This section is from the book "British Wild Flowers - In Their Natural Haunts Vol2-4", by A. R. Horwood. Also available from Amazon: A British Wild Flowers In Their Natural Haunts.
Remains of this typical aquatic and arctic type are found in Inter-glacial beds at West Wittering in Sussex. To-day it is found in Arctic Europe (except Greece), N. Asia, N. W. India in the North Temperate and Arctic Zones. In Great Britain it is absent in Cornwall and N. Devon from the Peninsula province, and in the Channel from the Isle of Wight, occurring throughout the Thames and Anglia; in the Severn, not in Monmouth; in S. Wales only in Pembroke; in N. Wales in Denbigh, Flint, Anglesea; and in the Trent province and Mersey except in Mid Lancs; in the Humber province; only in Durham in the Tyne province; not in the Isle of Man in the Lakes province, and in Renfrew and Lanark. Elsewhere it ranges from Cumberland to Kent and Devon. It is naturalized in Scotland, local in Ireland.
Arrow-head is always the associate of Water Plantain, Flowering-Rush, and pondweeds of different kinds, being aquatic, and likewise found in both still and running water, growing in ponds and lakes, and also in rivers and streams. Canals are also a favourite habitat, since they are intermediate between stagnant and flowing water. The plant grows in the reed swamp.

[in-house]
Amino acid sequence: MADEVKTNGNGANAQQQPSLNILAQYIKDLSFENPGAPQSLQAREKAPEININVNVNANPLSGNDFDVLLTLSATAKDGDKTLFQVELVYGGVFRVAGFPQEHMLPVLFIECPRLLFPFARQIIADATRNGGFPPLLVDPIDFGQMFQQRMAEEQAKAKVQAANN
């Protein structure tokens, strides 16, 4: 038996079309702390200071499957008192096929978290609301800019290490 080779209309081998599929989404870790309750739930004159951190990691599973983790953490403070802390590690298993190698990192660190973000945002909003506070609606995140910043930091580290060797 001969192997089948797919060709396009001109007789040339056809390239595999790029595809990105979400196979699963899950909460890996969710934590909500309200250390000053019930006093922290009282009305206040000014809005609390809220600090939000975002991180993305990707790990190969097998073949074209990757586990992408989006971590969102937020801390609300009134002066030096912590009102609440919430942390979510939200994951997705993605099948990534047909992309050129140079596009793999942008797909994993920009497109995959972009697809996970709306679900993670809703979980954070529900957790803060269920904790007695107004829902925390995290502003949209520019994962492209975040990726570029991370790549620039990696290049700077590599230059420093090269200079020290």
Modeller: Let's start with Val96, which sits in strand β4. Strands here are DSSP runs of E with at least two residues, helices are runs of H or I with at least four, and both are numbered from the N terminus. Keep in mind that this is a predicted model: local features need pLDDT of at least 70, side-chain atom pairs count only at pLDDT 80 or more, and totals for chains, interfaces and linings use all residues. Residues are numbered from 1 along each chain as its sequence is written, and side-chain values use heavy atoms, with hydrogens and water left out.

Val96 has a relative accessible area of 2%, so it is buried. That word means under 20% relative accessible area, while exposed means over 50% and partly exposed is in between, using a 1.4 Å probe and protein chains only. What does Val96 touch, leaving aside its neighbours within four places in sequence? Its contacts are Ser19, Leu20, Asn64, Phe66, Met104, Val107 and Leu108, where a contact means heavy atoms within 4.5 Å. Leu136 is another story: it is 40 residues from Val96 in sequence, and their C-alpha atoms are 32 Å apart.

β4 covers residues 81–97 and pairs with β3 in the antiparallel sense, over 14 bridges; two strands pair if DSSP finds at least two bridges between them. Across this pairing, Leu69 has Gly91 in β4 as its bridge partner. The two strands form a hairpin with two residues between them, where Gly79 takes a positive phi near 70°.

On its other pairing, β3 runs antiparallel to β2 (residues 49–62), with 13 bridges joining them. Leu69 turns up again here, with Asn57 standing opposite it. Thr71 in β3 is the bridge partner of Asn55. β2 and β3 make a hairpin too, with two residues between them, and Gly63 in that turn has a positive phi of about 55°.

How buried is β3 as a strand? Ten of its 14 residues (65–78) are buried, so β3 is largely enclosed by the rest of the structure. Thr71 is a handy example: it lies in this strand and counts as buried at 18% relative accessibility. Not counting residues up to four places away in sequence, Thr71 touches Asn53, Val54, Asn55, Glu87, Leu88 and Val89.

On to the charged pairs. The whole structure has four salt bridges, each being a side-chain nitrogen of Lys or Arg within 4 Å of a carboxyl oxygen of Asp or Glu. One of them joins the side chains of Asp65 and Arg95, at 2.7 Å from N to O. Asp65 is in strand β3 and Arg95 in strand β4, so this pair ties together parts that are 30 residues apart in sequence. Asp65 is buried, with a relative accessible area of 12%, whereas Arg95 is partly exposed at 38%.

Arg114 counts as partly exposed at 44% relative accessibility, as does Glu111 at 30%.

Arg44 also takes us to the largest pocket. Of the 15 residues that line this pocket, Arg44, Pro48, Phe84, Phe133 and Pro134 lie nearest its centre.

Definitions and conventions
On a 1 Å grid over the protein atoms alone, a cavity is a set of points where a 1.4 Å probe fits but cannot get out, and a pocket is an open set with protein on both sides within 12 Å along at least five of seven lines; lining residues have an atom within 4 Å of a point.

A floating plant with erect leaves and scapes only in later stages, the Latin names and the English at once point to its main characteristic, the arrow-shaped leaves, which are at first lance-shaped, with a long point, with long lobes, borne on long 3-angled leaf-stalks. The early submerged leaves are linear and streaming. The stems are stoloniferous, the stolons or creeping shoots forming winter buds, and also, like the main stem, tubers.
The flowers are white on simple scapes, in whorls, with purple anthers in the centre, and the petals have also a purple claw. The male flowers are larger. The carpels are flattened at the sides and winged.
The plant is 2-8 in. in height. Arrow-head flowers from July up to September, and is perennial, propagated by division.
The flowers resemble those in Alisma, but are unisexual, diclinous, racemose, and the male flowers are above the female. The anthers are purple and dehisce laterally, there being many stamens. The female flowers are also variable. They are visited by flies, and contain honey.
The carpels are numerous, the smooth seeds falling when ripe into the water, in which they do not sink but germinate in the mud at the side, the plant being dispersed by currents and by its own agency.